I’m still interested in getting a copy of Sprout the Life You Love if you’re reading this Sarah :D

Book Reviews – Panic and Wreck This Journal

Panic by Jeff Abbott

Never judge a book by its cover.

The cover of Panic shouts about its thriller status, “Jeff Abbott’s best novel yet”, “high suspense”, “fresh and gripping plot”. If you’ve been watching thriller movies with their multiple twists over the past 10 years you’re unlikely to be impressed by this book. It wasn’t terrible but the plot didn’t seem original at all.

Evan Casher, 24, has his life turned upside down when his mother is murdered and he finds out his family, and his girlfriend are not who he thought they were. Then just when you think you’ve figured out the story, some more information is revealed about the characters, o my!
The plot twists are predictable and slow, and this is coming from the girl who didn’t know Bruce Willis was dead. The story speeds up marginally in the last 100 pages, almost everyone dies, and then I tell you not to bother with this book. It’s no surprise it took me the full 4 week library loan to get through it.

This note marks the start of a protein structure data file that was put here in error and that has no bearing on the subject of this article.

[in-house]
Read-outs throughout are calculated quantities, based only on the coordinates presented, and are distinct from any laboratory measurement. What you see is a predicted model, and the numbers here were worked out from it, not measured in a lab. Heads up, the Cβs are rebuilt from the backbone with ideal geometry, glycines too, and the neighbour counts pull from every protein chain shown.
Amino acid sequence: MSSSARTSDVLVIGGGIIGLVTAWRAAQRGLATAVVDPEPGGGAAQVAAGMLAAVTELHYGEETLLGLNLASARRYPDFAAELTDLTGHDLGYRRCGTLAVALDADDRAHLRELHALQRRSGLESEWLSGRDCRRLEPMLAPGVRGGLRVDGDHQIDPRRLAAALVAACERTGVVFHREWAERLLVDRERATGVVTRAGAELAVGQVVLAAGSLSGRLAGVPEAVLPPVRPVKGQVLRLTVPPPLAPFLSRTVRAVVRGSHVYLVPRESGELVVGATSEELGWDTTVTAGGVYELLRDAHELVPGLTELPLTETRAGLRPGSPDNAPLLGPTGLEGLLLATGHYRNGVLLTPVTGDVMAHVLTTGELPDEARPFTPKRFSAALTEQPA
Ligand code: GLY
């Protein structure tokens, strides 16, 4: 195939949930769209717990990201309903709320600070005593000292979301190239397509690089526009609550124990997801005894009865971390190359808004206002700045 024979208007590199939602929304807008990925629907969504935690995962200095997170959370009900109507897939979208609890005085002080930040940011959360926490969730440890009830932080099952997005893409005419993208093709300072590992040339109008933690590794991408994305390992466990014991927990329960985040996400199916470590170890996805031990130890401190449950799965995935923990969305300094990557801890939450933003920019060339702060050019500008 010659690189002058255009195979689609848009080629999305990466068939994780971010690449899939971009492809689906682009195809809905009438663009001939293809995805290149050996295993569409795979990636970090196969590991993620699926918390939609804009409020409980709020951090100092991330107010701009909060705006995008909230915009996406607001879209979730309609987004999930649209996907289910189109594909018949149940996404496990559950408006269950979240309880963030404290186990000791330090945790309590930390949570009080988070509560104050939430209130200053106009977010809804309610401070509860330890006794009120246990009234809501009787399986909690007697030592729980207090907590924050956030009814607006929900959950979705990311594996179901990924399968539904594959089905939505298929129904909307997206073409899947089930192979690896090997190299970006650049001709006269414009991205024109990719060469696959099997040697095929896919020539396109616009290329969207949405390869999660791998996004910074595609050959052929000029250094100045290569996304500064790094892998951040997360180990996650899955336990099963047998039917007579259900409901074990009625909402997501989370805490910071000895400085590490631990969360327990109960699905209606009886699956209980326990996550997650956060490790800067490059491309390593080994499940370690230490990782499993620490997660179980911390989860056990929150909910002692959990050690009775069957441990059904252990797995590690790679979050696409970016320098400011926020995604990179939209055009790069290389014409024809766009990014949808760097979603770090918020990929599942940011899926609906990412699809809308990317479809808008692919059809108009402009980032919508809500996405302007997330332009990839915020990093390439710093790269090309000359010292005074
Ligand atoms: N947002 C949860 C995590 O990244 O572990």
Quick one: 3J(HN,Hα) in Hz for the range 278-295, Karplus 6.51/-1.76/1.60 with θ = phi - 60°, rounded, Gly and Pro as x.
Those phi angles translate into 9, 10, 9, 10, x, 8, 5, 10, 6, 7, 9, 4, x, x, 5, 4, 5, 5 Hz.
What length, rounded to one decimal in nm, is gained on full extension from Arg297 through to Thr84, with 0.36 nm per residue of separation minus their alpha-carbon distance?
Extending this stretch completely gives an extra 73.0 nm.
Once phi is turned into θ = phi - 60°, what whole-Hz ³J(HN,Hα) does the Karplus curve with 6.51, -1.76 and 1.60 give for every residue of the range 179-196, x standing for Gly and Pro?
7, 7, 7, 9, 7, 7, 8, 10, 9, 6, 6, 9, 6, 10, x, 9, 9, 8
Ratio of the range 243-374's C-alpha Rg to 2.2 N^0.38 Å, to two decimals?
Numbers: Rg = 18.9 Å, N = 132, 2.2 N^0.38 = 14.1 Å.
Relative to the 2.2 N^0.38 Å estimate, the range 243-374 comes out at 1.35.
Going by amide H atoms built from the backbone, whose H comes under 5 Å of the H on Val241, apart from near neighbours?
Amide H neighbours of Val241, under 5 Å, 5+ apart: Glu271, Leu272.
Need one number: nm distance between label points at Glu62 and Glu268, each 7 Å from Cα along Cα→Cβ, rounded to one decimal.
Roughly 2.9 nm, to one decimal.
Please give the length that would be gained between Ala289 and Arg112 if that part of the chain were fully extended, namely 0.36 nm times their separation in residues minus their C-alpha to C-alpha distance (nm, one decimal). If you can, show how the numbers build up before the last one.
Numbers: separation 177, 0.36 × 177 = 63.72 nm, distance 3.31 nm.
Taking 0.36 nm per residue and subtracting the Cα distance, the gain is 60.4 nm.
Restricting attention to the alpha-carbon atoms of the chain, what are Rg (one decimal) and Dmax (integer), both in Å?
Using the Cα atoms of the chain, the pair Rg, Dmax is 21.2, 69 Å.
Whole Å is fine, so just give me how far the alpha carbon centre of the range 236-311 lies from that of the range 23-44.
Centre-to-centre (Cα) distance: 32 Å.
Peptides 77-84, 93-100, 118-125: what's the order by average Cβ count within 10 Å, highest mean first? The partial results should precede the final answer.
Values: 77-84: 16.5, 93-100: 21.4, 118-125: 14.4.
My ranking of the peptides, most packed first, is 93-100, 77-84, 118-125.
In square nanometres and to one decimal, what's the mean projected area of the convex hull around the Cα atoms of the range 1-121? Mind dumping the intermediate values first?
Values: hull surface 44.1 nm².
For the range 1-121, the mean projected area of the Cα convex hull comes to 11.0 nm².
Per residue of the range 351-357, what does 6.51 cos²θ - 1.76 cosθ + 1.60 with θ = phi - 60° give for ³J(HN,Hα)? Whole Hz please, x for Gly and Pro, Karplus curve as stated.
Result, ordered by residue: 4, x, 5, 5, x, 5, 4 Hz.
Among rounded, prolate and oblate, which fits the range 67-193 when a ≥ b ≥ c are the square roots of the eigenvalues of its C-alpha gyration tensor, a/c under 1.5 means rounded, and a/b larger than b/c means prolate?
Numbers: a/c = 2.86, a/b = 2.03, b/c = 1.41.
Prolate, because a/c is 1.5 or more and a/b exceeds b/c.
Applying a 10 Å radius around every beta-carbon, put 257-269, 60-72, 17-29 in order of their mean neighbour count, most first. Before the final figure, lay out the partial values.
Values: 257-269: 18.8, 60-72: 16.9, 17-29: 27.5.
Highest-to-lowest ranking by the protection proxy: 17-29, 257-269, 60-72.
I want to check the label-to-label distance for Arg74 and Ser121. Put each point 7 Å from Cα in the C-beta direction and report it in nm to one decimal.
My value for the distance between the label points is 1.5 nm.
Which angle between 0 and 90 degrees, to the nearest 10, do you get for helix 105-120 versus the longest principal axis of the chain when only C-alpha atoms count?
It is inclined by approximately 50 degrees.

Wreck This Journal by Keri Smith

On a very different note, I can say I am absolutely in love with Wreck This Journal! I received it today (ordered via GoodBooksNZ where delivery is free anywhere in the world, prices are in New Zealand’s weak ass dollar and all profits go to Oxfam!) and have already embraced the defacing.


The premise is that you get this journal, with instructions on how to wreck it on the pages; you follow the instructions, make some up, improvise, have fun and begin to see creative destruction everywhere. Live recklessly.

The best bit: No need to worry about it getting munted in the post or your bag.